Friday, March 25, 2011

telecommunications towers get the thumbs down

report from the roundtable - 22 mar

At this week's council meeting we had to consider three applications for telecommunications towers, two from Telstra and one from Optus.

The two Telstra ones were very similar, in both cases the ridgetop locations in Healesville and Seville were a key concern in considering the applications.

I moved the motion to refuse the application in Healesville. In speaking to the motion I talked about the importance of our scenic and iconic landscapes and the importance of our tourism industry.

Cornish Hill, the proposed location of the tower in Healesville, is in a prominent position, one of the gateway peaks which frames the township. The proposed tower would be visually prominent and an intrusion on the landscape, impacting on viewlines from many angles.

It is a repeat application, back in 2000 council refused a very similar application, nothing has changed, time has past and our tourism industry is even more important now than it was then.

At 50 metres from the nearest house, it is too close and is contrary to council's policy on telecommunications facilities.

It would be located in a Green Wedge A Zone, a zone that is important in providing a buffer and transition between more urban and rural properties. At 24 metres high, the tower would protrude 7 metres above the treeline.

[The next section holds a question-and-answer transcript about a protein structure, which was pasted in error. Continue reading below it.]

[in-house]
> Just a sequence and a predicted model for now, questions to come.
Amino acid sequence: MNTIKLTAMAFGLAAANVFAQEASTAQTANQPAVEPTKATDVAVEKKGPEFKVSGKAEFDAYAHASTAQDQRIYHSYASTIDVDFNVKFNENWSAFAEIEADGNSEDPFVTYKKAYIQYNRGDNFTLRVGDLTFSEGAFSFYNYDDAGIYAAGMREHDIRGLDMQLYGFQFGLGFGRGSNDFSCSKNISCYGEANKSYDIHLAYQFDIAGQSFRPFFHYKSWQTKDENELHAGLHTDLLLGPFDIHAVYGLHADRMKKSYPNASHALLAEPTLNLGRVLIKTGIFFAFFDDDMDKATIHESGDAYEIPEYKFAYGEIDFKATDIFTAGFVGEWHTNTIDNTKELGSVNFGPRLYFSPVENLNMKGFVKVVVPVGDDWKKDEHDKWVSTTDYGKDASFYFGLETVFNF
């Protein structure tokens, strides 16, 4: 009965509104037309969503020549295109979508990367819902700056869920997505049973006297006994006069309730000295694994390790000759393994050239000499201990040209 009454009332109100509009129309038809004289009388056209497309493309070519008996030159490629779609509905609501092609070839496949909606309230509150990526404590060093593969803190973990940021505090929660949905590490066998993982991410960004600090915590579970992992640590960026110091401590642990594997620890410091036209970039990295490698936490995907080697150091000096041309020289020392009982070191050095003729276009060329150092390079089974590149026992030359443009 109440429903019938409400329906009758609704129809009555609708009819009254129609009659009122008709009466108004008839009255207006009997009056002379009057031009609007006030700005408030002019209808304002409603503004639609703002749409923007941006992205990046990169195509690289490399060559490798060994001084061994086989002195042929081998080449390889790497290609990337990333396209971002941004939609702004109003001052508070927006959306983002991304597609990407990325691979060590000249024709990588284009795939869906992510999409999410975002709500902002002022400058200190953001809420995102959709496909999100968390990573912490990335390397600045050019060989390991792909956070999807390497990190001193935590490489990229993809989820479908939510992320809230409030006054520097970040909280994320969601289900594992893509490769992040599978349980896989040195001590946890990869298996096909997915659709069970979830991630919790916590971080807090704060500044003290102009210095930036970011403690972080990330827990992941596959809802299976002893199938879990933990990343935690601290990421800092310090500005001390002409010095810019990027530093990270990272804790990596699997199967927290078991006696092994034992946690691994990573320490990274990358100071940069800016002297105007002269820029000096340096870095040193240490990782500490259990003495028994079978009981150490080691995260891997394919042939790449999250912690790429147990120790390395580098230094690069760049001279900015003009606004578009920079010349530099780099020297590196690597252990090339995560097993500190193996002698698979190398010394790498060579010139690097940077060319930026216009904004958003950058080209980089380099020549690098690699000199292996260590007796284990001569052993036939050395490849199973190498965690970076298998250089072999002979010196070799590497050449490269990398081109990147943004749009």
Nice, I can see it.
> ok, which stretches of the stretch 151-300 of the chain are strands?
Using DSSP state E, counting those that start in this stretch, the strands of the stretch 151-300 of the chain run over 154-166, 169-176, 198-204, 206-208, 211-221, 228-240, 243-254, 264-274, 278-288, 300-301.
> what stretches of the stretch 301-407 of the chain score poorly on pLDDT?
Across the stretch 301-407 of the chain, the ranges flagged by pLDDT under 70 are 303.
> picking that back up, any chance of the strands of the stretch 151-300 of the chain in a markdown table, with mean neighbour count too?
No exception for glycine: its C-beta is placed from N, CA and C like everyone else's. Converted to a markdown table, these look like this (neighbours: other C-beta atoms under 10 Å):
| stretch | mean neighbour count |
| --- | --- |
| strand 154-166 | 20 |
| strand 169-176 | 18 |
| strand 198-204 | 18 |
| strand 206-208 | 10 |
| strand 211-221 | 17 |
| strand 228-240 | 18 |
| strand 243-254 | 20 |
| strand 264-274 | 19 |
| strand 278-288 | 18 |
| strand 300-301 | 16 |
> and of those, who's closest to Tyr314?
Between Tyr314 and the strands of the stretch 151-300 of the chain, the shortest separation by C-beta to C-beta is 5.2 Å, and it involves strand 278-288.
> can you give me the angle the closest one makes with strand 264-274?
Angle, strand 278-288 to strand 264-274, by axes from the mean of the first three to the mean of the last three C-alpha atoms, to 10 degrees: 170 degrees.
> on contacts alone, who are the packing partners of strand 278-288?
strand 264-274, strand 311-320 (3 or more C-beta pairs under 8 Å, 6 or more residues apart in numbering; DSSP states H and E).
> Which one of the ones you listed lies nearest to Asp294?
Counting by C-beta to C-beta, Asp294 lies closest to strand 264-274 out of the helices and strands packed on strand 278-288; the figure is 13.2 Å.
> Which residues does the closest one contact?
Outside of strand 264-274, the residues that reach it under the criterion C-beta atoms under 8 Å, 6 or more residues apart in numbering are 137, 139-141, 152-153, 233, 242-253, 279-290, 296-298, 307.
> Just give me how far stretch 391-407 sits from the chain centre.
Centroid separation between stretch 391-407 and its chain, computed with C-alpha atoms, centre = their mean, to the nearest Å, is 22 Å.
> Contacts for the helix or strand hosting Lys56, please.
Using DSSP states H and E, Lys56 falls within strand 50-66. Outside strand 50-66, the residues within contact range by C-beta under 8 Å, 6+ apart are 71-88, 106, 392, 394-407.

Our ridgelines are not negotiable, I'd like to see applications council could support, telecommunications are important but it seems Telstra is not willing to go for less prominent locations due to the cost (something they confirmed to council at a briefing).

I'm pleased to say council unanimously supported the refusal for this tower in Healesville.
(Cr's McRae and Cox absent due to a declared conflict of interest)

The tower in Seville was very similar in circumstance, located on a prominent ridgeline, the visual amenity impacts mirrored those of tower proposed for Healesville, however this came with the addition of a 'cypress shroud' to disguise the pole.

In speaking to this motion I highlighted the fact that an almost identical application had come to council in 2009, was refused by council, a decision that was then upheld by VCAT.

The Cypress Shroud was awful proposition, on a pole with a proposed height of 25 metres, this highly engineered leafy rocket or giant pipecleaner would protrude 7 metres about the tree line and in supplied mock ups looked ridiculous.

What we need to see from Telstra is applications for smaller facilities in greater numbers to ensure that our landscapes are protected from these visual intrusions.

Our vistas and views are our stock in trade and tourists flock to our region for the Yarra Valley experience. I'm not against telecommunications but I urge Telstra to give us applications we can support.

Councillors voted unanimously to refuse this application.
(Cr Cox absent due to a declared conflict of interest)

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